1869 2k. rowe l
2k. round rightbluc Z ,C A

181870 3k ablackk 187

1871 2k. black on 1867ack Aove 1871 3k grey-blue
on nkrange-red 18a489k.ig.eeM Oh luBelow "

Bei69: 1871(?) 3k 2 b kd 3k. black 1872 3k. black ue

18701871 3k. black 1857 1869blue

Ion yellow 6k. illustrations fro Ro soo L d Catlok.blue

of thATKAe CRSKarles Stibbe MALOARussia llCHANGELSK.
of the ckarles Sttbbe gussia Co/l''o .

Post Cards of the o
Russian Empir be Russian Motljs on
Russian EmPireby Charik Sta~p and
R.A.Sklarevsky Ohariy Stamps and
PVB nettles ^sed during
1' .... "Spanisk Civil War

|- 1 Martin Guerra


PoStmarks ... ...... I&:'.i
5. OTrTOe 7 r.o Bomf A ..r,. cuo mma .eo ,c --- l ona o c
n .nnforo 2lO ronolo mapfl'fO .

pI m Ib l t YAPIM081
1797 .1798 9 .-

1807 18di8i'
1797 1798 9. 4.

1815 1820 '
1807 1808 aI aS 1 3

1809 1810 --..'"
Ol$ t COL I)Kb 1. 5 6.

/ .17

Jos,/ii /7 8o
Jaosph Ckhadla ColledioiL

by Martin Guerra

I decided to write an article on this theme at the request of my friend
and writer for this journal E. Marcovitch. True, this theme has never been
worked by anyone, and to Russian philatelist and erinnophilists this material
is almost unknown, while the subject is very interesting on the numerous
emissions issued. Collection of those stamps and vignettes without doubt
is an interesting historical document and interests both Spanish and Russian

Charity stamps and vignettes described in this article were issued by
Russian communist authorities from 1936 to 1939 in the territory of the
Republican Zone, during the frightful Spanish Civil War, which served as
a bloody experiment for the soon following World War 11.

Some of those stamps and vignettes are found on letters going through
the mails, attached on the envelopes either for propaganda purpose or just
to show that the purchaser bought some of them. Senders often thought that
the delivery of the letter would be hastened if the greater number of stamps
was used on the envelope or will bring him a greater consideration. Many
others considered these issues as postage stamps, issued by City governments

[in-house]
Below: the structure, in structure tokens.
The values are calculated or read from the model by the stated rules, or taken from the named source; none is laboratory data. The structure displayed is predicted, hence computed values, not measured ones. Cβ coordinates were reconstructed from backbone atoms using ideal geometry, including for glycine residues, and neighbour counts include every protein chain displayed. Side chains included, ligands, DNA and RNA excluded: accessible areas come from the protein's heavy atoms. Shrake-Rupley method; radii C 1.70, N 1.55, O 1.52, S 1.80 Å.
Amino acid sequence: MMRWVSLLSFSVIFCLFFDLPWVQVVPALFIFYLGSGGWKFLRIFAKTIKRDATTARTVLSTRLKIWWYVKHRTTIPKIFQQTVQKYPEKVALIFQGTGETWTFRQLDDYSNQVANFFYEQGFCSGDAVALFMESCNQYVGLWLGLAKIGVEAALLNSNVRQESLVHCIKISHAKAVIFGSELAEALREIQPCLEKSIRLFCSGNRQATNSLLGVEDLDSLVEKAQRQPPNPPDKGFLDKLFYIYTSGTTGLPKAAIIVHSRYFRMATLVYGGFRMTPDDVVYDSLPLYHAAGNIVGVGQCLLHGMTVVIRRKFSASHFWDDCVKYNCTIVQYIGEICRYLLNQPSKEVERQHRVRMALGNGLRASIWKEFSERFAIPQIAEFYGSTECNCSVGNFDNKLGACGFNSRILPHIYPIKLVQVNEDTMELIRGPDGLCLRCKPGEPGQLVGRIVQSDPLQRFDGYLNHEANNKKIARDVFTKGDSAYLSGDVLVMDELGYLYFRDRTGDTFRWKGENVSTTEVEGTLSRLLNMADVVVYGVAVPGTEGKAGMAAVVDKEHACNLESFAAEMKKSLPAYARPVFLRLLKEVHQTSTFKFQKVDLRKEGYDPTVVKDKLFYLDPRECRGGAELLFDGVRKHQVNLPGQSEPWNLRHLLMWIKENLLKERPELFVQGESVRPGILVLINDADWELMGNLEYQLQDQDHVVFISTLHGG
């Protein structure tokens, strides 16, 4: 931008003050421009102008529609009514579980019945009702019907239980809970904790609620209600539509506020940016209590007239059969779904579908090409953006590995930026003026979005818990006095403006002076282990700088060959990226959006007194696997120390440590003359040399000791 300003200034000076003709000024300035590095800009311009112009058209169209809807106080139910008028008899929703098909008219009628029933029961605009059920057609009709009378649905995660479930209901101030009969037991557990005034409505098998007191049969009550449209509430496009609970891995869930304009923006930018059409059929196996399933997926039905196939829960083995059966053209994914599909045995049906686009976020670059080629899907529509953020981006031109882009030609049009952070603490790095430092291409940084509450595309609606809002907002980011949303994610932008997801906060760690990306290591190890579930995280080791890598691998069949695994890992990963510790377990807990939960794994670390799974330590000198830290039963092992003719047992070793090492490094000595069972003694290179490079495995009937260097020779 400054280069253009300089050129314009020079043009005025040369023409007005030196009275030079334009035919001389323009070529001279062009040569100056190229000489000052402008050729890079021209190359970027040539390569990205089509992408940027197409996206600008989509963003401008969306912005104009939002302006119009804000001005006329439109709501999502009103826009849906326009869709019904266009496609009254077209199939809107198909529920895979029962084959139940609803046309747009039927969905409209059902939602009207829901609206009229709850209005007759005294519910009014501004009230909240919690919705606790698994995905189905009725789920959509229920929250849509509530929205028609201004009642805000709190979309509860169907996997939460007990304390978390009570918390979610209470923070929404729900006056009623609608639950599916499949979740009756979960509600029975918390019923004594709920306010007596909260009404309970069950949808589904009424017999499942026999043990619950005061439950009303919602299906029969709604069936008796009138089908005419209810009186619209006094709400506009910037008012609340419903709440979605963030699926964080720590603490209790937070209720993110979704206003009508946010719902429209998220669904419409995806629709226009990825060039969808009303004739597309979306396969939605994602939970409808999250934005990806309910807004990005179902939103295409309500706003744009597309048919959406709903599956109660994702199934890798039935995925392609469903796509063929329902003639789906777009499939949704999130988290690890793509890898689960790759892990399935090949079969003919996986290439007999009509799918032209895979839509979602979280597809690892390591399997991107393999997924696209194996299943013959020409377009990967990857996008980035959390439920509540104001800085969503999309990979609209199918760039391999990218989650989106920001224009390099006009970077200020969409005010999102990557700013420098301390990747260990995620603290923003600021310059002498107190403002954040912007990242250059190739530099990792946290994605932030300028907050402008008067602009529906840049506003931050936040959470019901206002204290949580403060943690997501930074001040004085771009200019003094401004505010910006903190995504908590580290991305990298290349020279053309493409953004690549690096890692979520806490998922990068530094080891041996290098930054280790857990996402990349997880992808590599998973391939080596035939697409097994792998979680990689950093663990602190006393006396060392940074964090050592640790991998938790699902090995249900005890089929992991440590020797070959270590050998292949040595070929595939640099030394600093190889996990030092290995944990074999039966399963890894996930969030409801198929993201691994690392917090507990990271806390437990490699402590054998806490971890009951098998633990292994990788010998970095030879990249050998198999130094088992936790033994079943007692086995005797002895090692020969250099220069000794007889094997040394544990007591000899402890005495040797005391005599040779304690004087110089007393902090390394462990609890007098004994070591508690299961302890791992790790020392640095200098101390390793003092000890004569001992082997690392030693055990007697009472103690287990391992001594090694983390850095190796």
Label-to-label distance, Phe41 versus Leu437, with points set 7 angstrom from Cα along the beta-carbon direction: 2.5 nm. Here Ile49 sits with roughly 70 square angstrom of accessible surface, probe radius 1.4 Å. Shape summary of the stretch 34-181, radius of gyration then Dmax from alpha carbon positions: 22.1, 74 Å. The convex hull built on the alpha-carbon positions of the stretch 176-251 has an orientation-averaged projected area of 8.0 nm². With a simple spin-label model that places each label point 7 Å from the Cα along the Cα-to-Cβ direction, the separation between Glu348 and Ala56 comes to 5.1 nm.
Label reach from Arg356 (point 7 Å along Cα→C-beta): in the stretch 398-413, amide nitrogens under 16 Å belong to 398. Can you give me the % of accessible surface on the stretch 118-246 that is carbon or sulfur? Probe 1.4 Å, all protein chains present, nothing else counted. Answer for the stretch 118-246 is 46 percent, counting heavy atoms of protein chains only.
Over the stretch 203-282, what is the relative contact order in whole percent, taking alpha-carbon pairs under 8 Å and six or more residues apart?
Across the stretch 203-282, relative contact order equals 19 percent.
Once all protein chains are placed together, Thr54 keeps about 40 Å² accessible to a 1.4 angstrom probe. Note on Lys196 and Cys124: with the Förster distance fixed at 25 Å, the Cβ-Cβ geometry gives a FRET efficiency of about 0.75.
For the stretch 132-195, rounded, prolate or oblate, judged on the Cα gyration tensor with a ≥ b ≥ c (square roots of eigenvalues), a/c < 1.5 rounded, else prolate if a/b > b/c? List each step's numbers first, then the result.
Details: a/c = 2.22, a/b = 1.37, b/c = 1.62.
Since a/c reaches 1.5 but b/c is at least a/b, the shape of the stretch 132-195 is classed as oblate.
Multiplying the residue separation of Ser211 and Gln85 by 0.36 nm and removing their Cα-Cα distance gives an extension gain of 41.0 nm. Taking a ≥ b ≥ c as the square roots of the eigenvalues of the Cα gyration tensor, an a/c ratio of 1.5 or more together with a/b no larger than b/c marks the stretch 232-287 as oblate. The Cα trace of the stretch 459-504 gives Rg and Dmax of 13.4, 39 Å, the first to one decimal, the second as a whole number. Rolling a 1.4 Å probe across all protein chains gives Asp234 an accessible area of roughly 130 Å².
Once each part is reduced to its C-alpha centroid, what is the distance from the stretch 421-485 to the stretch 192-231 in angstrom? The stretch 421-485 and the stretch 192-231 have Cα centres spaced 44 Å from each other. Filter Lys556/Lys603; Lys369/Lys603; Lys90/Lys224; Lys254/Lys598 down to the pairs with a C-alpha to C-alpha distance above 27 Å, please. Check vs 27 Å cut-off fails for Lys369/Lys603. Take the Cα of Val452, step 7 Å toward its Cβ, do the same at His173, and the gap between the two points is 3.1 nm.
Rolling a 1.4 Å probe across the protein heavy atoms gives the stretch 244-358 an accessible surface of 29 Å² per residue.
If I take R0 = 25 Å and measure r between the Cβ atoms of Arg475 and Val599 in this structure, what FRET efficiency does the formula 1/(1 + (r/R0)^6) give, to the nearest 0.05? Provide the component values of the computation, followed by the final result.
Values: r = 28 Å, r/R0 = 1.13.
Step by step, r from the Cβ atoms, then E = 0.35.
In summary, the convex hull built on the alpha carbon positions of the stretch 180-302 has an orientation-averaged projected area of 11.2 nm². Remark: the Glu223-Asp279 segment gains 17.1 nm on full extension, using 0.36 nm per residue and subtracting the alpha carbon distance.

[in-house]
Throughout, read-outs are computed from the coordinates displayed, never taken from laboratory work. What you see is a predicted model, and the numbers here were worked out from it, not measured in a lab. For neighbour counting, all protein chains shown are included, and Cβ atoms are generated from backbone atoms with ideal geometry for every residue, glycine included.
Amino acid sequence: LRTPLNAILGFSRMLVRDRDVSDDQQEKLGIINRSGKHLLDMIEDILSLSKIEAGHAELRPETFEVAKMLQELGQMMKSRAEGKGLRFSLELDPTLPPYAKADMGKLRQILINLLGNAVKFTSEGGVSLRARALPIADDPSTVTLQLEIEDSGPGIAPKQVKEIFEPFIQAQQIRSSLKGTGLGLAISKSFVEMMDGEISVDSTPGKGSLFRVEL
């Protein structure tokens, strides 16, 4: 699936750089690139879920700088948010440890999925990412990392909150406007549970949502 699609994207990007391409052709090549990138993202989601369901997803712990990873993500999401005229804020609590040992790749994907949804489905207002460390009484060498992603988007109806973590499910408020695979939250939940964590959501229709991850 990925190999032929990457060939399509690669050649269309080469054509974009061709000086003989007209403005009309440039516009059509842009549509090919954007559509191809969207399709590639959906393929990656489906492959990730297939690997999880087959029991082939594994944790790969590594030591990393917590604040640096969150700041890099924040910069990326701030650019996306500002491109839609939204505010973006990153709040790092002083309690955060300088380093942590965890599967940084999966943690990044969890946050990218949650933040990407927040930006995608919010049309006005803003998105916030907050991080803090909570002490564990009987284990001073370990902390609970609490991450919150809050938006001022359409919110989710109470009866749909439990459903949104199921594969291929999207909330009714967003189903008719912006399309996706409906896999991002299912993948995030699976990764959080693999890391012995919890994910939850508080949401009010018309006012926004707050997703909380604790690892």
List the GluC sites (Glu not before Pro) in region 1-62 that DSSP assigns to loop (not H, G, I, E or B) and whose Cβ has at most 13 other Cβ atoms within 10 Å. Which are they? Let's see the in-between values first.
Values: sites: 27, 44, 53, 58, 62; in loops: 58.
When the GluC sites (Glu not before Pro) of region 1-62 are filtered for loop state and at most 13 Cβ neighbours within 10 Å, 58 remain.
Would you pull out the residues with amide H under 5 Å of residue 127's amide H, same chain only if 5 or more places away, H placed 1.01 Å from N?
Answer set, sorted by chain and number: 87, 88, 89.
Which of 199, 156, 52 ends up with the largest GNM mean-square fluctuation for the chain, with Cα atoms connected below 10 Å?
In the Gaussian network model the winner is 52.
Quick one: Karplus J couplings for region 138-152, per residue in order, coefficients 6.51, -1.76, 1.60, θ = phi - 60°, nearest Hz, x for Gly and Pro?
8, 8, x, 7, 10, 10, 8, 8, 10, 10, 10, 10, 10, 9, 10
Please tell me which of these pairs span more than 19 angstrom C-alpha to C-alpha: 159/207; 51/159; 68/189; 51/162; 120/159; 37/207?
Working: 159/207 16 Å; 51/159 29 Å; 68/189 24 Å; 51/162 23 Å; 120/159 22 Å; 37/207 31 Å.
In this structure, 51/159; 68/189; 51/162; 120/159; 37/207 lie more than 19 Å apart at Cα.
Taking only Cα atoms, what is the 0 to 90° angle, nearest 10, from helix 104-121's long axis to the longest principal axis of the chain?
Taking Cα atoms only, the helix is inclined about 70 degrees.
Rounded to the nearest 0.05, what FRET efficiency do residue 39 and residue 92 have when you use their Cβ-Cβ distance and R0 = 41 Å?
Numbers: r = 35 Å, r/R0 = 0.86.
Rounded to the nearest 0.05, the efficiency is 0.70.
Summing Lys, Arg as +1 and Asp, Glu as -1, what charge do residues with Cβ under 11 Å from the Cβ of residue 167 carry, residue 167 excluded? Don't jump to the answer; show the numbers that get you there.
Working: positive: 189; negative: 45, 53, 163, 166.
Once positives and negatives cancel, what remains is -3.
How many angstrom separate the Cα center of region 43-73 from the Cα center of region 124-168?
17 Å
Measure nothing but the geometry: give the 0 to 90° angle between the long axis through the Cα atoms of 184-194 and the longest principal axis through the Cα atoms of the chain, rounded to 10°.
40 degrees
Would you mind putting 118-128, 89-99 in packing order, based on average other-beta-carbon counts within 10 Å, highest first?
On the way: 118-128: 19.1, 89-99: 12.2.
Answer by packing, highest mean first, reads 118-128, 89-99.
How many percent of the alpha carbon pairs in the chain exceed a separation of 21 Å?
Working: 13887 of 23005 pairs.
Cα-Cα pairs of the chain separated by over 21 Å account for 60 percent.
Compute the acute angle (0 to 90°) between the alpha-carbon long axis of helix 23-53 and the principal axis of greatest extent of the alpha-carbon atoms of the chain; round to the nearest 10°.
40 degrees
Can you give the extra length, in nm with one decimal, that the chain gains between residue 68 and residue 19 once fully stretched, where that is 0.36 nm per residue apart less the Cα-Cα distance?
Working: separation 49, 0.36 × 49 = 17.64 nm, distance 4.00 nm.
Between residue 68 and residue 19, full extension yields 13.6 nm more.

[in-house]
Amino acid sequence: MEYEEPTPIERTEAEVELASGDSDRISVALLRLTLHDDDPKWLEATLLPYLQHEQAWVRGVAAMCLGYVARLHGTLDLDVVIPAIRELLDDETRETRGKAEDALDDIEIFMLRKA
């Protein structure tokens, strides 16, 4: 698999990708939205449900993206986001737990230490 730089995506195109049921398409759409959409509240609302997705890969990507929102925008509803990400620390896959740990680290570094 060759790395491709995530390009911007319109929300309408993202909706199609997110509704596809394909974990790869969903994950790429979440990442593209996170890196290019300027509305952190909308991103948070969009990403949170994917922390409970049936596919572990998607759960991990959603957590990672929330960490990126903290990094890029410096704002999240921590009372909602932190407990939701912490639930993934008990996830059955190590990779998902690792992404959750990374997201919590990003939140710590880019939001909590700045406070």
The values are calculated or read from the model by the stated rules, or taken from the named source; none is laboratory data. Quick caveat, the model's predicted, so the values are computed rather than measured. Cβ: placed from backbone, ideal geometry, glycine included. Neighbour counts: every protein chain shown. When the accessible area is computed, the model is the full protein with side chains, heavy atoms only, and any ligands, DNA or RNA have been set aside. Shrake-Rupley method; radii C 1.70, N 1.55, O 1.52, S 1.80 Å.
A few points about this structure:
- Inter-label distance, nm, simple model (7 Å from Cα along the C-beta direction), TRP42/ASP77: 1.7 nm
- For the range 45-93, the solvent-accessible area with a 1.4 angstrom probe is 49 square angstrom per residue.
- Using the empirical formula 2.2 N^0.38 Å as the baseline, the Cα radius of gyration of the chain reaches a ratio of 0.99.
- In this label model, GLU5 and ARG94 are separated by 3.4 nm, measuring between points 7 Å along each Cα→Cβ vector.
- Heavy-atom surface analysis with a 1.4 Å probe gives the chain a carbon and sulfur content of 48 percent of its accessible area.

Council of Doputees or official charity organizations. I have in my collect
ion letters exclusively franked with these issues, mailed from small places.
where the post offices lacked regular postage stamps.

I received information pertaining to the year of issue, etc,, on many
of the vignettes and complete series. It is quite possible that some of the
information is incorrect, since some of the information was passed to me by
word of mouth, during the hard times of the Civil War, when the official
information was impossible to obtain,

At the termination of the civil war many owners of these stamps and
vignettes in fear cf reprisals (which occurod almost daily) destroyed them,
and more or less because they considered them of little value. Besides thrt,
approximately 20 years have passed since their appearance, and the passing cl
the years has helped many of them to disappear gradually. For that reason
many series and single stampsat the present time are great rarities.

In this short outline I do not endeavor to give a detailed listing of
those issues. This I will give later to the catalogue of Russian vignettes
which is being in process of writing by my friend Mr. E. Macovitch.

Issue of the uSociety of Friends of U.SS.SR." (Amigos do la US.). Inscript-
ions in Catalan language.

1937 Series "In honor of USSR". Value 10 centimes each. The 2
different vignettes were issued so tenant in the same sheet, printed
in a sheet of 100 containing one blank. Some of the subjects depicted
are Portraits of Gorki (Fig. 1) and Kalinin (Fig. 2), Soviet Army,